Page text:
12 March 2014
Since the outbreak of the Syrian civil war in 2011, large parts of cities such as Homs and Aleppo have been reduced to rubble. But in the mainly Kurdish towns of the north, a building boom is in progress.
Fahed Jankair, a lawyer and member of the municipal council in the north-eastern town of Derik, says the boom began after the Assad regime withdrew from the area, and freed the Kurdish population to engage in land transactions.
He told a reporter from the Rudaw website: "It used to be the case that only those who owned the land could build on it. You could not transfer land ownership to someone else without permission, and permission was not granted if the buyer was a Kurd."
It was the responsibility of the Syrian municipal police to enforce these laws, but when but when the Assad regime withdrew from the Kurdish regions, ceding control to the Democratic Union Party (PYD), a lively property market began operation and landowners and construction entrepreneurs set up joint projects.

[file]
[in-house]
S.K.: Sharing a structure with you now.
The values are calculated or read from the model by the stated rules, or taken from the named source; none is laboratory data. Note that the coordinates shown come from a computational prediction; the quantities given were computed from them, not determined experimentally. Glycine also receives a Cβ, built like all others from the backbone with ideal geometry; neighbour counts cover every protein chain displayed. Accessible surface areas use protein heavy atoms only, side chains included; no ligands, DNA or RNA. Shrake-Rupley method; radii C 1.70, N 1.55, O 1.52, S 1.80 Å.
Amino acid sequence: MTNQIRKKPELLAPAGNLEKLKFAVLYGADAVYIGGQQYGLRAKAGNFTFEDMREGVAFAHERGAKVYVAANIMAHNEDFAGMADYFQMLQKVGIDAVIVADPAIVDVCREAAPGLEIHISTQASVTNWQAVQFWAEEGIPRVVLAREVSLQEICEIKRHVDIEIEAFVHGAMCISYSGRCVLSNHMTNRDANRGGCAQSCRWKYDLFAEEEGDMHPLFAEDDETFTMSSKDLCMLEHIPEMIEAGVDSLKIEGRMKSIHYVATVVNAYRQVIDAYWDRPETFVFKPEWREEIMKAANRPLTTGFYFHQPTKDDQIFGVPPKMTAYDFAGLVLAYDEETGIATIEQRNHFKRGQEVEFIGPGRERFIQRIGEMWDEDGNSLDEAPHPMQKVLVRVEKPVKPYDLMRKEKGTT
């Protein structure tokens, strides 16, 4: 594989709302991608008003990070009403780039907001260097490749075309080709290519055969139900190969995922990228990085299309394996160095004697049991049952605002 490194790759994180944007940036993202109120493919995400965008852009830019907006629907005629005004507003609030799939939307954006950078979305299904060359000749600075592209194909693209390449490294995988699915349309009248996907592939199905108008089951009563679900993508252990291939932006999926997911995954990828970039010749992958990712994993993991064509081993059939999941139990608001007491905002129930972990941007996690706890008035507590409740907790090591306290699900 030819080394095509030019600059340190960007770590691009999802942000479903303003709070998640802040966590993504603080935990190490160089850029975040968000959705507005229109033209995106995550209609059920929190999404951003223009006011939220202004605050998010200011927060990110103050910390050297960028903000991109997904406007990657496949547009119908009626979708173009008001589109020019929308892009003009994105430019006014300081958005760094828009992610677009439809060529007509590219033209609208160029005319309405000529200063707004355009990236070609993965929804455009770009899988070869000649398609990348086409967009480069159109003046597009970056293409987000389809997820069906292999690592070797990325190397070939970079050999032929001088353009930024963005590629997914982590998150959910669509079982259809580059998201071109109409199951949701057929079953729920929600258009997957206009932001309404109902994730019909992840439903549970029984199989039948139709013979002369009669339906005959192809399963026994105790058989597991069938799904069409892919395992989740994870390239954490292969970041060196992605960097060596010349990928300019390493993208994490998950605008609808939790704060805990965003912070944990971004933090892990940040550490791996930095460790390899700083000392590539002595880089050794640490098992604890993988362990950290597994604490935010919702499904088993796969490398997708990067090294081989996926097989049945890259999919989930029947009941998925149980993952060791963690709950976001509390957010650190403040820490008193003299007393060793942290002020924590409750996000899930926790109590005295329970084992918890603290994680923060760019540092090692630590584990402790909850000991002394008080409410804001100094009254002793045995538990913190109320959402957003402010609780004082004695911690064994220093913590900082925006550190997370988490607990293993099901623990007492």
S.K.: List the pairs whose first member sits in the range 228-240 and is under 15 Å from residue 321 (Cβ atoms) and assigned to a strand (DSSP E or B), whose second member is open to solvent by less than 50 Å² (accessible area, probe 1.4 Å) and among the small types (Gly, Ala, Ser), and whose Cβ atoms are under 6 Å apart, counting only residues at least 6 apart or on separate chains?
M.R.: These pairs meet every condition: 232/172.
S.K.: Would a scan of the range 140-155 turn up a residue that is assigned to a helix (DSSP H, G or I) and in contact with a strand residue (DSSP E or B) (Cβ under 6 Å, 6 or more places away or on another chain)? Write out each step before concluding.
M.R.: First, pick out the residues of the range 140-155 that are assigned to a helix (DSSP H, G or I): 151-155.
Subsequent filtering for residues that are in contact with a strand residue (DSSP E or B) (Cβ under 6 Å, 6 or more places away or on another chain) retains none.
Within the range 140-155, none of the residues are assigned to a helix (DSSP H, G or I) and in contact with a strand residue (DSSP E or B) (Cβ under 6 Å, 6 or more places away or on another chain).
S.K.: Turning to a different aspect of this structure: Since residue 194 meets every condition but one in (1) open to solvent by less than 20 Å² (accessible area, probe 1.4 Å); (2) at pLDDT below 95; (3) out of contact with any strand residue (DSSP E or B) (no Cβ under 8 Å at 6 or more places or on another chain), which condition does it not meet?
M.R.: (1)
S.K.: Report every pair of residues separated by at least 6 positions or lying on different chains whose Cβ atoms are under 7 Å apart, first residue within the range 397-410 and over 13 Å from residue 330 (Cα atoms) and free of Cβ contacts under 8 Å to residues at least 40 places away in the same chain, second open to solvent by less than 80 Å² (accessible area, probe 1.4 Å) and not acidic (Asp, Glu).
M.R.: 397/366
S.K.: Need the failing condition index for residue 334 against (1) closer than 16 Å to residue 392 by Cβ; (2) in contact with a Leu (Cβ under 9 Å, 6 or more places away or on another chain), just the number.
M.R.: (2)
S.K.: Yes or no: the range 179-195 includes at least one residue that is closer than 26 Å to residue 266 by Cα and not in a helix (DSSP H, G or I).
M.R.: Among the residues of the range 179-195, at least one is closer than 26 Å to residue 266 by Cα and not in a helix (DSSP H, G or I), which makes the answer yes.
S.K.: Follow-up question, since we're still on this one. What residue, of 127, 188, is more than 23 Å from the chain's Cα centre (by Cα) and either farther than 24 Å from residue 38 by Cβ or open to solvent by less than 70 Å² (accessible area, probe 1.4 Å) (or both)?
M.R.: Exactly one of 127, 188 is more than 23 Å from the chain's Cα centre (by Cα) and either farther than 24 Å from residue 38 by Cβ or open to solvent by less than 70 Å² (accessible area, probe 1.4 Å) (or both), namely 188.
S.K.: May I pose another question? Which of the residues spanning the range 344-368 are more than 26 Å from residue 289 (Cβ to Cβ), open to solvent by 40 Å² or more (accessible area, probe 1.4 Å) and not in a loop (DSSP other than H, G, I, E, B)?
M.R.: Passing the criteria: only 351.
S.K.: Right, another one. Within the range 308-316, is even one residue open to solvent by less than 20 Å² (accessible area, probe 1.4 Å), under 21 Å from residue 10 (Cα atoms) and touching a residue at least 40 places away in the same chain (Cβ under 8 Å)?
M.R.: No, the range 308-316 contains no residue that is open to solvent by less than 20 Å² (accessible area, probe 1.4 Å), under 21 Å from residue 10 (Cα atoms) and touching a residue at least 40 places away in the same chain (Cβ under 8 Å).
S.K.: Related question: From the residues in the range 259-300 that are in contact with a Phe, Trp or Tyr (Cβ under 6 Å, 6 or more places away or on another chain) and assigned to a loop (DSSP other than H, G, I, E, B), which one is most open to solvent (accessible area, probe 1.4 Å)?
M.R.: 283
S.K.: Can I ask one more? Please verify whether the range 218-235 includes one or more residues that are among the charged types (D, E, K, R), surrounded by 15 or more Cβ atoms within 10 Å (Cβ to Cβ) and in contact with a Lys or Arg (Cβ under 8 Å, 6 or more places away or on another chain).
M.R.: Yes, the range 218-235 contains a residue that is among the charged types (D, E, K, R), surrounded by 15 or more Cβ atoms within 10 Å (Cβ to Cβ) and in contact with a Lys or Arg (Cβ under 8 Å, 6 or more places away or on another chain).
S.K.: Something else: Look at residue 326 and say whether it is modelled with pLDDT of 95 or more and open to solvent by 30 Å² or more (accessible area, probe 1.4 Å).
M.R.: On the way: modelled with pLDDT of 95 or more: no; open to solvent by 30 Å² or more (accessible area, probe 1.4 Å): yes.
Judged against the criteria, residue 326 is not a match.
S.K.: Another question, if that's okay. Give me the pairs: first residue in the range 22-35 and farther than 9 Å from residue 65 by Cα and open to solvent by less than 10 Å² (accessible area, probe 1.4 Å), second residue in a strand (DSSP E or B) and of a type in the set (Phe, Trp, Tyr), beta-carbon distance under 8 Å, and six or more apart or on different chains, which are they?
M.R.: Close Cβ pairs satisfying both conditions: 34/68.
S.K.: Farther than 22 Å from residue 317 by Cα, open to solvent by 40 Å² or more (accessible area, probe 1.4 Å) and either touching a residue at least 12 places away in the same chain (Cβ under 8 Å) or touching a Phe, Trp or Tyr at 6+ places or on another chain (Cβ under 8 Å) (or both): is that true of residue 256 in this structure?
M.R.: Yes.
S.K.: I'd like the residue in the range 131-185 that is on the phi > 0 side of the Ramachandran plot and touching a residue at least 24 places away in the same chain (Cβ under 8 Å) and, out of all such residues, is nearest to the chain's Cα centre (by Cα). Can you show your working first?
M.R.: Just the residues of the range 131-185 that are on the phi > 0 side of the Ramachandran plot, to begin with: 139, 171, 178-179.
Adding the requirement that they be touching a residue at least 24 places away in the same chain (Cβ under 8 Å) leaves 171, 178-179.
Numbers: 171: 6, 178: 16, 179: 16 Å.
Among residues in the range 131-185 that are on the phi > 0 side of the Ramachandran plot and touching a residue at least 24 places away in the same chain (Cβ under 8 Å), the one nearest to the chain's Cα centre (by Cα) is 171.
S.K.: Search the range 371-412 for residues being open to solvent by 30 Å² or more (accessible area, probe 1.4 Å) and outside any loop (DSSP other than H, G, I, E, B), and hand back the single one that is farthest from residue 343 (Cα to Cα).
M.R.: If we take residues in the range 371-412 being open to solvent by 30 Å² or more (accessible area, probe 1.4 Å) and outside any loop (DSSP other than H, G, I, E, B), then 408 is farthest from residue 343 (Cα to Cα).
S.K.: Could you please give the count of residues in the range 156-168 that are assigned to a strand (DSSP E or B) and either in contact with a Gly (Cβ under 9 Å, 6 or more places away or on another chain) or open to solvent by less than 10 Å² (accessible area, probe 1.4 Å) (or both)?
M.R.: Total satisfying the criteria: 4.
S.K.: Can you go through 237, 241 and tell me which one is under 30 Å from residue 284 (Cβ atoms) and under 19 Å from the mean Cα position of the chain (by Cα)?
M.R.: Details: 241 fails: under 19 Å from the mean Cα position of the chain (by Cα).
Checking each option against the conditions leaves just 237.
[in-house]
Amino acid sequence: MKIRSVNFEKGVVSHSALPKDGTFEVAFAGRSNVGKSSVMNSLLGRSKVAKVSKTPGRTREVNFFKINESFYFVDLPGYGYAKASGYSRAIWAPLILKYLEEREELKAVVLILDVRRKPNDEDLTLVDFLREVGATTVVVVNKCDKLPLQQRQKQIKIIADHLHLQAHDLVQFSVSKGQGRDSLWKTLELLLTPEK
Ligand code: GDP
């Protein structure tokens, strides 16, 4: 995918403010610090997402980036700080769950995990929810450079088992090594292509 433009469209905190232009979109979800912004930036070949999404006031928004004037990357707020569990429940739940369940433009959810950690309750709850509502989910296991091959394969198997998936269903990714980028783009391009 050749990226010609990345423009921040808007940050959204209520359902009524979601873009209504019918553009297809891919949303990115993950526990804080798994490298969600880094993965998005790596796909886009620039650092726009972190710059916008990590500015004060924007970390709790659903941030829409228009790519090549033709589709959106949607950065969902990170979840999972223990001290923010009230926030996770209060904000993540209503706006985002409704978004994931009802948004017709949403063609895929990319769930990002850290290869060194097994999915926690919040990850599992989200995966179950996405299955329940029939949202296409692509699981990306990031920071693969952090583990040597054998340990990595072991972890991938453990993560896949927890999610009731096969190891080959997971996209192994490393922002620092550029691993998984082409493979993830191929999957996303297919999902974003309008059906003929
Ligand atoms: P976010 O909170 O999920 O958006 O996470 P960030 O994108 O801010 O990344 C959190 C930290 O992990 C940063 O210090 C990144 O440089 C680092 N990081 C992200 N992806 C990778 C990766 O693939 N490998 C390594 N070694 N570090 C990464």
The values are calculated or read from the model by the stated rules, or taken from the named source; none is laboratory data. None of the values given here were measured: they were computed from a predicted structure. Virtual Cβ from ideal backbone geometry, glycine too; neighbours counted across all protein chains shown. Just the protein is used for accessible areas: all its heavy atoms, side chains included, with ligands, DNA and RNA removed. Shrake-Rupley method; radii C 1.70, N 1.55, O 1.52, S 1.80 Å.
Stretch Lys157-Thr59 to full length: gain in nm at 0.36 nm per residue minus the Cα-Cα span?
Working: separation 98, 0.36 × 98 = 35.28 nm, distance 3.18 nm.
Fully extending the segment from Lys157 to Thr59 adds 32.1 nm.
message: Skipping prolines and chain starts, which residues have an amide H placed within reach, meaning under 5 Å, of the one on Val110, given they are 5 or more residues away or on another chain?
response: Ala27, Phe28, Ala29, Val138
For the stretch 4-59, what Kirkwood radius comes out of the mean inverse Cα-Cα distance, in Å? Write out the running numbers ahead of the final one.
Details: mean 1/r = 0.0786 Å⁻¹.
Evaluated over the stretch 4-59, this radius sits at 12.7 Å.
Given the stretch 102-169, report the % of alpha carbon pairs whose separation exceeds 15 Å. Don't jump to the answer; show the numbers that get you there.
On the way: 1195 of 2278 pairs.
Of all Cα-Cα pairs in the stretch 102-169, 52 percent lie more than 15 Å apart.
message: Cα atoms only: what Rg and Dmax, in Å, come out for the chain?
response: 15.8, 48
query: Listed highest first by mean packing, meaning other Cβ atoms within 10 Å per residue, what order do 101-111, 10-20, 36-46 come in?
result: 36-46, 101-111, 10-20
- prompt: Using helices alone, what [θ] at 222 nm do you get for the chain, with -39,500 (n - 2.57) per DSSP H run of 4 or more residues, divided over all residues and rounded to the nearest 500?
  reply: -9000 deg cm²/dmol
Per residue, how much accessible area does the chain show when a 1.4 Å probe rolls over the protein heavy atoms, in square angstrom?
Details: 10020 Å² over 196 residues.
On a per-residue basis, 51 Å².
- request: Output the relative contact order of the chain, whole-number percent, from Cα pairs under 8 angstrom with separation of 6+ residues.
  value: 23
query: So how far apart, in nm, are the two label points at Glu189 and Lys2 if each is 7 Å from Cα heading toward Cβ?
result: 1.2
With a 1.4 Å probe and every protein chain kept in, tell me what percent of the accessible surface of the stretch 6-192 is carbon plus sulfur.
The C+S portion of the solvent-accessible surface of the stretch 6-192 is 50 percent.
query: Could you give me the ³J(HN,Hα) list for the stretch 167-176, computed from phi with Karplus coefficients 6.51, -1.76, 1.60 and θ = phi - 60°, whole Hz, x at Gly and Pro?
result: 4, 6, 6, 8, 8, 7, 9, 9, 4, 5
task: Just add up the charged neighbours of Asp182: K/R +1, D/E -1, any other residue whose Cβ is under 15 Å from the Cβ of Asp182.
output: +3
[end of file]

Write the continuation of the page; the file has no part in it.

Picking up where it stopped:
Refugees queue for emergency supplies in Damascus (UNRWA photo)
The PYD, which has declared autonomy over three provinces, has been instrumental in keeping the three-year war largely out of Syria’s Kurdish regions.
About 250,000 Syrians have sought refuge in across the border, in the autonomous Kurdish region of Iraq.
Here a wave of schools projects is under way to help Syrian children continue their education.
A number of primary schools have already opened, and the first secondary establishment has now been opened in the Domiz camp.
Tom Van Nuffelen, Unesco’s field co-ordinator for the Syrian Refugee Response, says two other secondary schools are currently being built in Kawergosk Camp and Darashakran Camp, the second and third largest Syrian refugee camps in the Kurdistan Region of Iraq.